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    Lo-Pro

    Lo-Pro Biography


    Pete Murray: Vocals

    Neil Godfrey: Guitar

    Tommy Stewart: Drums

    Pete Ricci: Guitar

    John Fahnestock: Bass>br>
    Lo-Pro's self-titled debut conjures large spaces.

    The melodic and memorable guitar work and subtle atmospherics draw your mind's eye to a distant horizon line. The powerful drums cut up that distance with an easy grace. And Pete Murray's rich vocals achieve lift-off on the chorus of every song. You would never guess it all started in tiny rooms.

    Remembering those spaces now, Lo-Pro's five members shake their heads and laugh. There was Murray's closet of a bedroom where he and guitarist Neil Godfrey first demoed the album. There was the 7-foot-square rehearsal compartment where the duo auditioned their future bandmates in Santa Barbara.

    And there was the Boston-area hotel room where the band polished arrangements with Staind's Aaron Lewis, their 413 Records/Geffen label boss. Soon after, they entered the relatively spacious tracking booths and control rooms of L.A.'s NRG studio to record 413's premiere release with producer Don Gilmore (Linkin Park).

    Of course, it almost never happened at all.

    Throughout the late-'90s, Murray and Godfrey dedicated their lives to Ultraspank. The industrial-tinged aggro-rock act toured relentlessly behind two well-received albums, but was ultimately left demoralized by label politics. Following the band's final tour, they both took day jobs and Murray gave up on the idea of ever playing in a band again.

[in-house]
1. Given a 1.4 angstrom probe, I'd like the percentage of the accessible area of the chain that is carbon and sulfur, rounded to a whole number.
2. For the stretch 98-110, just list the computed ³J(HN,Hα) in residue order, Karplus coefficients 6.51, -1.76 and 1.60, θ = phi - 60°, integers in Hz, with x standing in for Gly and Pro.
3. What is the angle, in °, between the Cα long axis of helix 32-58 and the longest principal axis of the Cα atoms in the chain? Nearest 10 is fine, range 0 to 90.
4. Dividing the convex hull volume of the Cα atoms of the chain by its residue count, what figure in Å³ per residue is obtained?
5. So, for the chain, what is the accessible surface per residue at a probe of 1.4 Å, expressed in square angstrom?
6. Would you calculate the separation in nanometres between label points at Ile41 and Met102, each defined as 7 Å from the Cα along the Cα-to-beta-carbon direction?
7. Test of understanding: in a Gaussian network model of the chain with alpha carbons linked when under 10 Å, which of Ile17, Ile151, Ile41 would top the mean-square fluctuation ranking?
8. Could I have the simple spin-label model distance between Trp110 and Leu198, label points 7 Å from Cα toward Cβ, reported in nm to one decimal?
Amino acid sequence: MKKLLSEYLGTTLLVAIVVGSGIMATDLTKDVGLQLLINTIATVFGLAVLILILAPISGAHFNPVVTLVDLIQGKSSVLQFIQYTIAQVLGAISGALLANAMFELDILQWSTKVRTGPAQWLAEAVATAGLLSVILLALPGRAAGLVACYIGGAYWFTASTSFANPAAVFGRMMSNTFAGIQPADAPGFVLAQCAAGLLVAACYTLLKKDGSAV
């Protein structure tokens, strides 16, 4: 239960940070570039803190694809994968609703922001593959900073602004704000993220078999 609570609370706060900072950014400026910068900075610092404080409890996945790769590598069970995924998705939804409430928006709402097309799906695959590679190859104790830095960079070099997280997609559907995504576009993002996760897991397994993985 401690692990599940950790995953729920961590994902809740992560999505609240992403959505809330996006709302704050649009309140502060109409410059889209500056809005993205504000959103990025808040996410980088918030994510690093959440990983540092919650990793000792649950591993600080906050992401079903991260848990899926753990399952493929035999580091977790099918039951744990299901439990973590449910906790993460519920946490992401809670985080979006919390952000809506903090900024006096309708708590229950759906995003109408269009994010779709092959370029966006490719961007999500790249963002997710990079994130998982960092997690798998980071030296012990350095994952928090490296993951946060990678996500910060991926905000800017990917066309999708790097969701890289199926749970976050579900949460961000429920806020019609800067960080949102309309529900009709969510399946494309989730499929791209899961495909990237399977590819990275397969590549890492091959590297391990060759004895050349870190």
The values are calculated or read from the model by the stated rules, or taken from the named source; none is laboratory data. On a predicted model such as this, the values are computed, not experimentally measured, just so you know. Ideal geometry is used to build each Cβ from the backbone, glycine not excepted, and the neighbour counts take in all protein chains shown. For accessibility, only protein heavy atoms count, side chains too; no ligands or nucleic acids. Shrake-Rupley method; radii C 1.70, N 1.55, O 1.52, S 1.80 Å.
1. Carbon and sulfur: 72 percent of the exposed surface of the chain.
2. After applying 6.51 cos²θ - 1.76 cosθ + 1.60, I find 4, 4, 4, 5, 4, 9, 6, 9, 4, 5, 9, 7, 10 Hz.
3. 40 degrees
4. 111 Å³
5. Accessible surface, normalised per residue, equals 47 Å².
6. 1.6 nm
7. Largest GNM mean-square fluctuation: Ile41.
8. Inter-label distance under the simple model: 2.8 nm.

Then Godfrey turned up at his door one day with a batch of new tunes.

    "I'd had enough," admits the singer. "But that didn't last long. The minute Neil showed up with these new songs... it was weird, things started to happen differently. We didn't set any goals; we were just making music to have fun. That's where the name came from--we wanted to keep the hype to a minimum and let the music speak for itself."

    Lo-Pro's demos eventually reached Lewis, who was launching 413 with Geffen President Jordan Schur.

    "I was really picky about what I brought to the table as my first band, and I found exactly what I wanted with Lo-Pro," says Lewis, who runs 413 with help from Staind guitarist Mike Mushok. "I was handed a demo that Pete and Neil made in Pete's bedroom on a computer--and it sounded better than most of the finished product being played on the radio."

    Lewis's advice to the band? Surround yourself with the right people.

    Enter former Godsmack drummer Tommy Stewart, former Snot and Amen bassist Jon Fahnestock and guitarist Pete Ricci. Having endured similar industry experiences, the new members brought a shared empathy to anthemic songs like "Reach," "Sunday" and "Fuel," as well as moodier numbers like the album-closing "Bombz."

    Murray's lyrics may sound relentlessly downcast on paper ("Why's it always feel like Sunday?" he sings on "Sunday"), but the melodies and arrangements always supply a hopeful, uplifting quality to the songs.

    "Coming out of the situations we were all in, it would have been really easy to write an angry album," allows Murray. "But we really tried to rise above that."

    "We just tried to make these mood-altering songs sound the best they possibly could," says Godfrey.

    "Simplicity--the best songs are just the simplest thing in the world," says Ricci.

    "And there's not one swear word on the album--now that's something I've never been involved with before," adds Fahnestock, laughing.

    The occasional use of expletives aside, the band members' personalities are reflected in the music, according to producer Don Gilmore.

    "They had to pick themselves up by their bootstraps and start from scratch," he says. "A lot of people can't do that; they don't persevere. These guys are survivors and they've shown that they won't stop until they've had their day."

    For Lo-Pro, however, there was really no other alternative.

    "When you start playing music at a young age, it's all you ever want to do your entire life," says Stewart. "It's almost like you don't have a choice. I don't think any of us chose to do this. I think it chose us."


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